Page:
Meperidine Overdose

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Meperidine is a prescription, generic drug. It’s available as brand-name drugs like Demerol. While Demerol is less commonly used in medical settings than it was in previous decades, it is still occasionally used. Meperidine is an opioid. Opioids are also called narcotics, and these drugs have powerful pain-relieving effects but risks as well. Meperidine is intended to be a short-term treatment for acute pain management. It shouldn’t be used for patients with chronic pain, and it’s not intended as an ongoing pain medication. Meperidine is available as an injectable solution, a liquid taken orally and also a tablet. Meperidine is a Schedule II controlled substance in the U.S., as are most prescription opioids. Meperidine is habit-forming and can lead to both physical and psychological dependence.

When someone uses meperidine, it activates opioid receptors and changes the sending of pain signals. Meperidine also slows down the central nervous system. Some of the side effects of meperidine can include nausea, vomiting, itching, drowsiness and sedation. Coordination problems and constipation are common as well. Before someone is prescribed a prescription opioid like meperidine, their doctors should go over any other substances they use regularly as well as any history of substance misuse that may exist.

Meperidine Overdose

Not only is it possible to overdose on meperidine, but the potential is somewhat high, especially if certain risk factors exist. There were more than 64,000 drug overdose deaths in 2016, and the majority of those were related to opioids and synthetic opioids. Overdoses are so common with opioids because the drugs directly affect the area of the brain that controls breathing. If someone uses such a high dose of meperidine that their body isn’t able to metabolize it fast enough, respiratory depression can become so profound that the individual overdoses. During an opioid overdose, there is limited oxygen going to the brain and other organ systems, which can cause extensive damage. While anyone using meperidine or any other opioid can overdose, particular risk factors can make the chances of an overdose occurring even higher. Opioid overdose risk factors include:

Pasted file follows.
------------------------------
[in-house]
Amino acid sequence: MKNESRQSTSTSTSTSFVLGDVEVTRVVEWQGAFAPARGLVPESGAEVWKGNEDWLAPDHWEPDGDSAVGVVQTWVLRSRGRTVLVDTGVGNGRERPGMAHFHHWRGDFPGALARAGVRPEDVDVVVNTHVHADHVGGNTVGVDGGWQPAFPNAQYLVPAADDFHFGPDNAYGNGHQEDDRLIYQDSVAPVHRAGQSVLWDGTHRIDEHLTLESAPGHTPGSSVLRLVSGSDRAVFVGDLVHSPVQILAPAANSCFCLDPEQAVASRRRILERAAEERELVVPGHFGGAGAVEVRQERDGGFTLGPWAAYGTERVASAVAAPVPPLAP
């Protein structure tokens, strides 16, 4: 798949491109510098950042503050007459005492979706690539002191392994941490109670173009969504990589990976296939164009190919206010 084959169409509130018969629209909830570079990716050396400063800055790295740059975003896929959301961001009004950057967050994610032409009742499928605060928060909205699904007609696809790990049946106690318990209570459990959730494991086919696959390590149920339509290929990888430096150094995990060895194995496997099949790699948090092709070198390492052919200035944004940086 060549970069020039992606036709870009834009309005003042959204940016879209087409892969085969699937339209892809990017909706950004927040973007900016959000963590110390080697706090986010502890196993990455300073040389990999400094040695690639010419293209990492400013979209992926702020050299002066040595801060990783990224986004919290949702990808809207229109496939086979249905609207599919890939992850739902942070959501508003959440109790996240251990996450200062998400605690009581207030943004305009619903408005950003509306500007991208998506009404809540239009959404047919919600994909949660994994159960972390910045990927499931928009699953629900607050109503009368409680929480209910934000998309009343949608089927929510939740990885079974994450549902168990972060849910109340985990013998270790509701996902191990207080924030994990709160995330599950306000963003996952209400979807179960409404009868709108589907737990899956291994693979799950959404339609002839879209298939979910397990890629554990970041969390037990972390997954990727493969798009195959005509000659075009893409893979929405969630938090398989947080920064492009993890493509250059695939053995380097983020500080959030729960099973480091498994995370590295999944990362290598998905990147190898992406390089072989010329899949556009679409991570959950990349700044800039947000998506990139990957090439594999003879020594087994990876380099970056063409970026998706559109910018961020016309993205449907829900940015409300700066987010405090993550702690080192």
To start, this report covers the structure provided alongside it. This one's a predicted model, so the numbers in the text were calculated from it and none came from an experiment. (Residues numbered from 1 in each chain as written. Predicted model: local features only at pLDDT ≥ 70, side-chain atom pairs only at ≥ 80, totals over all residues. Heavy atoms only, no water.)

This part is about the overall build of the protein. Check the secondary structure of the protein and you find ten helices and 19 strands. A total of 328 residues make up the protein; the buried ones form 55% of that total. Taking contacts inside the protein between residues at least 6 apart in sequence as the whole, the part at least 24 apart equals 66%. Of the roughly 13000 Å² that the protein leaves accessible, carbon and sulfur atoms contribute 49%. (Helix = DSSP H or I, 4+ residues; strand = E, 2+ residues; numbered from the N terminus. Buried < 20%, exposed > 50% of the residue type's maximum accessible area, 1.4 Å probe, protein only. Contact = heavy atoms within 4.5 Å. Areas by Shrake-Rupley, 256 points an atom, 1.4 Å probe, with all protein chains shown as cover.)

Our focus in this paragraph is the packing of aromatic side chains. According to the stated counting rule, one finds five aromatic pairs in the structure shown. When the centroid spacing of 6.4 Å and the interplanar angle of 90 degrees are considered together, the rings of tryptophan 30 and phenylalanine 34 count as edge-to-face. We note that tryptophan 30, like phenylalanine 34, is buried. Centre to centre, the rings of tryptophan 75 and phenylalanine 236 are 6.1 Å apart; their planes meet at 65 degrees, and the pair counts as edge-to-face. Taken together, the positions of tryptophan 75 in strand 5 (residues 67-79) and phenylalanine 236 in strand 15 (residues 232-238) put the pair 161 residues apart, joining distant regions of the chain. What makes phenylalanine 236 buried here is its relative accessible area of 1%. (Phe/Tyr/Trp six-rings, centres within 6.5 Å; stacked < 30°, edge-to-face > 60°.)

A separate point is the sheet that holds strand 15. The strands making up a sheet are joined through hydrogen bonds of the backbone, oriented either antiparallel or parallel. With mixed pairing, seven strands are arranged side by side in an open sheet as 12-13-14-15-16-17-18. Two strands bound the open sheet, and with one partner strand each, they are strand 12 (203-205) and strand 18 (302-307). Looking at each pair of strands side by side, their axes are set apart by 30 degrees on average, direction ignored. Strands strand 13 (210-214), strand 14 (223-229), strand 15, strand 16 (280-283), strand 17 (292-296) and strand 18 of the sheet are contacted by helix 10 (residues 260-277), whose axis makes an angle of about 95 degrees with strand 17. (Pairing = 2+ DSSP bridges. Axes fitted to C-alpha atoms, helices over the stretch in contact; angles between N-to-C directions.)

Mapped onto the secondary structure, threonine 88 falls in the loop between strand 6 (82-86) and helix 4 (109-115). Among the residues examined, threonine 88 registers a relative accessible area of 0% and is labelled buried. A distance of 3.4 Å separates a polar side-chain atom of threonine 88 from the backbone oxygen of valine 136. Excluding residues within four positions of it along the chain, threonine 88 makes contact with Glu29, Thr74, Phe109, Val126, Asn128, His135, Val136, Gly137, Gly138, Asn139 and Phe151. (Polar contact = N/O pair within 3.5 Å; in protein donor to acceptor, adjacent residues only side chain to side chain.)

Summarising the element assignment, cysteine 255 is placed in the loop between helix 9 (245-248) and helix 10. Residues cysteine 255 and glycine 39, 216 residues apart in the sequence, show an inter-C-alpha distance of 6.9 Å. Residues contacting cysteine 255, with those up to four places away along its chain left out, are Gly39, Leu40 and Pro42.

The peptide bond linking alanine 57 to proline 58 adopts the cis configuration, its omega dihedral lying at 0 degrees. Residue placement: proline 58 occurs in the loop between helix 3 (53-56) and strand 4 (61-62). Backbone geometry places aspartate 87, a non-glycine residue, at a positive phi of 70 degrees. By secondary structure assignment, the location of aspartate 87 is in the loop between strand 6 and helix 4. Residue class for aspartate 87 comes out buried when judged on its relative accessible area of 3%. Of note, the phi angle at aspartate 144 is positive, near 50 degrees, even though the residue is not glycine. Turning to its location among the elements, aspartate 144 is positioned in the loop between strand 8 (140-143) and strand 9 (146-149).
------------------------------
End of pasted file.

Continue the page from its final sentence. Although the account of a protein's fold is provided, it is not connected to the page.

• Crushing the drug to snort it or dissolving it an injecting it
  • Using very high doses of meperidine or any opioid
  • Taking doses more frequently than instructed
  • Taking meperidine without a prescription
  • Mixing meperidine with alcohol
  • Using meperidine with other prescription central nervous system depressants like benzodiazepines or sleep aids
  • If someone stopped using opioids and then they start up again, they’re at a higher risk of overdosing because their tolerance has declined

The signs and symptoms of a meperidine overdose are similar to what happens when someone overdoses on any opioid. The signs and symptoms of a meperidine overdose usually involve problems with breathing. This can include shallow breathing or breathing that seems labored. Slow or stopped breathing are also indicative of a meperidine overdose. Other possible signs and symptoms of a meperidine overdose can include:

  • Tiny “pinpoint” pupils
  • Nodding off
  • Extreme drowsiness
  • Confusion
  • Delirium
  • No responsiveness
  • Loss of consciousness
  • Gurgling or snoring sounds
  • Faint or weak pulse
  • Extreme nausea or vomiting
  • Spasms or convulsions
  • Extreme dizziness
  • Bluish-tinted lips or fingernails

It’s important to realize that people experiencing an overdose from meperidine might not show all of the above symptoms, but if an overdose is even suspected, it’s important to seek emergency medical treatment right away. There are opioid reversal drugs that can be administered such as Narcan, but even when someone is given a reversal drug, they still need emergency medical care to monitor vitals and treat any other damage that may have occurred. The longer someone goes during an overdose without receiving proper care, the more likely they are to suffer brain damage or die.

The cycle of addiction and the fear that comes with it don’t have to continue being your reality or the reality for your family. Contact The Recovery Village to make the first step toward change.

Meperidine Overdose
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